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Friday, December 26, 2014

Party of Minority Success

For John, BLUFThose GOPers, they just don't get identity politics.  Nothing to see here; just move along.

Over at Politico we have an article on the GOP 2016 Field and the "minority" members in that field.  The Authors are Katie Glueck and Tarini Parti and the story can be found here.  The headline is "Race and the race:  The GOP’s 2016 slate may be its most diverse ever, but don’t expect the candidates to talk much about it." Here is how it starts:
Bobby Jindal is Indian-American, but you’ll never hear him describe himself that way. Marco Rubio insists he’s an “American of Hispanic descent.”  And Ted Cruz “certainly” identifies as Hispanic, but he didn’t run for office as “the Hispanic guy.”

These Republican lawmakers, along with African-American conservative favorite Ben Carson, look poised to make the 2016 GOP presidential field the party’s most diverse ever.  They are all mulling over White House runs as the GOP continues to struggle with minority voters and as racial tensions over police conduct have captivated the nation.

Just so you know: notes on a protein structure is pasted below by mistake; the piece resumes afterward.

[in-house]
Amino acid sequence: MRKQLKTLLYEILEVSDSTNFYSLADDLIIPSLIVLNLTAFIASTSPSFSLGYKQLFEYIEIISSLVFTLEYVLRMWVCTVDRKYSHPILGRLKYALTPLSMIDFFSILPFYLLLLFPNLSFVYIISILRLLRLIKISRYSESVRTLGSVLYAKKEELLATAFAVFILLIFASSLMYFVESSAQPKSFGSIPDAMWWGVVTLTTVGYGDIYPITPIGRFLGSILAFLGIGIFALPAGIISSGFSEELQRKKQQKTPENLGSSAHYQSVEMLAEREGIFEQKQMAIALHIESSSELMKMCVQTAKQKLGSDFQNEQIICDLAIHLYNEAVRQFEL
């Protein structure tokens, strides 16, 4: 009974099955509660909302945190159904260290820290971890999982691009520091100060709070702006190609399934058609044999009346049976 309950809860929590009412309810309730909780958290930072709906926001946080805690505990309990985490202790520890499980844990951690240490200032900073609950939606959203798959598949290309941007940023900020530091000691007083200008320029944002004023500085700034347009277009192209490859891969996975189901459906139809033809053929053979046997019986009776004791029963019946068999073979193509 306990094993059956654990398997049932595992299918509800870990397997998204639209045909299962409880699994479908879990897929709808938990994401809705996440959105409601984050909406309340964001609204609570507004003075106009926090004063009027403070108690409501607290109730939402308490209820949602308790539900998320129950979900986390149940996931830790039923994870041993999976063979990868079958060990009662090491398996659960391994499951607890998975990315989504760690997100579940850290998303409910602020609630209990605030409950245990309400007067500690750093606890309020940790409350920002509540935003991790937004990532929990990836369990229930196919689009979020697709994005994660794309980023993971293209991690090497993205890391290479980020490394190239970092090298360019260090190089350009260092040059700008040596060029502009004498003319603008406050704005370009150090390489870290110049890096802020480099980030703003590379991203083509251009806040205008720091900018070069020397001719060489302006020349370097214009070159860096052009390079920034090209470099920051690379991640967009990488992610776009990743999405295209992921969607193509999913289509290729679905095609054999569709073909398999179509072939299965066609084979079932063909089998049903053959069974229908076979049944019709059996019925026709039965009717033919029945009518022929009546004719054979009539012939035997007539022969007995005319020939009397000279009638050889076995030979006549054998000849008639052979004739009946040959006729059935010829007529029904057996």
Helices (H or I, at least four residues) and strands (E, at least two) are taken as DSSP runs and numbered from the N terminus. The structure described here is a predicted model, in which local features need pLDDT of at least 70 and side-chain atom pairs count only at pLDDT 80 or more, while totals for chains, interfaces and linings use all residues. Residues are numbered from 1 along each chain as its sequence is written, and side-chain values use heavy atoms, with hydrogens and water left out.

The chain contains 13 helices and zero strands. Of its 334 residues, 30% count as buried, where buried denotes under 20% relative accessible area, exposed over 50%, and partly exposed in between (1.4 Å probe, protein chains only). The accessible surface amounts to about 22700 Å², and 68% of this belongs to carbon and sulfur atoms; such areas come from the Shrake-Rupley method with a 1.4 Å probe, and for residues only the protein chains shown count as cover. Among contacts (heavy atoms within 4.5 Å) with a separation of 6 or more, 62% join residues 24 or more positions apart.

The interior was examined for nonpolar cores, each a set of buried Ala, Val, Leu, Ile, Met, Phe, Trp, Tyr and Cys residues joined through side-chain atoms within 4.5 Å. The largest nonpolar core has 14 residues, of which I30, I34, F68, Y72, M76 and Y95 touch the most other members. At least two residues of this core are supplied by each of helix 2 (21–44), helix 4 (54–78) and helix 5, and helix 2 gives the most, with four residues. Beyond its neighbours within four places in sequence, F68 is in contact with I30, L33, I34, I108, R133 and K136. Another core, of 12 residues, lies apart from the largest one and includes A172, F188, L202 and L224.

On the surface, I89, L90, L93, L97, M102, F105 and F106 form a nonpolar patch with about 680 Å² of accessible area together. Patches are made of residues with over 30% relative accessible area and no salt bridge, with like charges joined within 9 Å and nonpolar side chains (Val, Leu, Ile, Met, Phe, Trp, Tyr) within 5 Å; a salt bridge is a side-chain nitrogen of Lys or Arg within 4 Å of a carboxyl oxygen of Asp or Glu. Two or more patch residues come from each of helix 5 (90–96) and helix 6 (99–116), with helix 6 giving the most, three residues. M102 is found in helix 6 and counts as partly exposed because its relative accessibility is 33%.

But none is planning to play up his race or ethnicity in a presidential campaign, or even to stress the potentially historic nature of his candidacy.  Instead, according to interviews with donors, strategists, aides and several of the possible candidates themselves, each is more likely to hit broader themes such as the American dream and the importance of hard work, which, for Jindal, Cruz and Rubio, would include nods to their parents’ immigrant experience.

Such messages would, in theory, have more universal appeal by stressing the commonalities of the American experience instead of its divisions — while also avoiding the identity politics that are toxic among GOP primary voters.  It’s a tactic that may be welcomed as an expression of unity by some minorities, but it is already seen by others, especially advocates for immigrants, as dismissive of unique hardships facing their communities.

The article then goes on to disparage not acknowledging and capitalizing on one's ethnic background, the accidents of one's birth.  The ending is about how Mr Sanjay Puri, chairman of the U.S.-India Political Action Committee, "a bipartisan group", thinks that Gov Jindal is not interested in the issues of his PAC.

What is funny, to me, is the bio for Writer Tarini Parti, which includes this comment:

She refuses to be acknowledged as a Southerner, despite having mastered the Eastern North Carolina twang.
If Writer Tarini Parti can't acknowledge who she is, why would she expect Gov Bobby Jindal to acknowledge who he is?

Hat tip to Memeorandum.

Regards  —  Cliff

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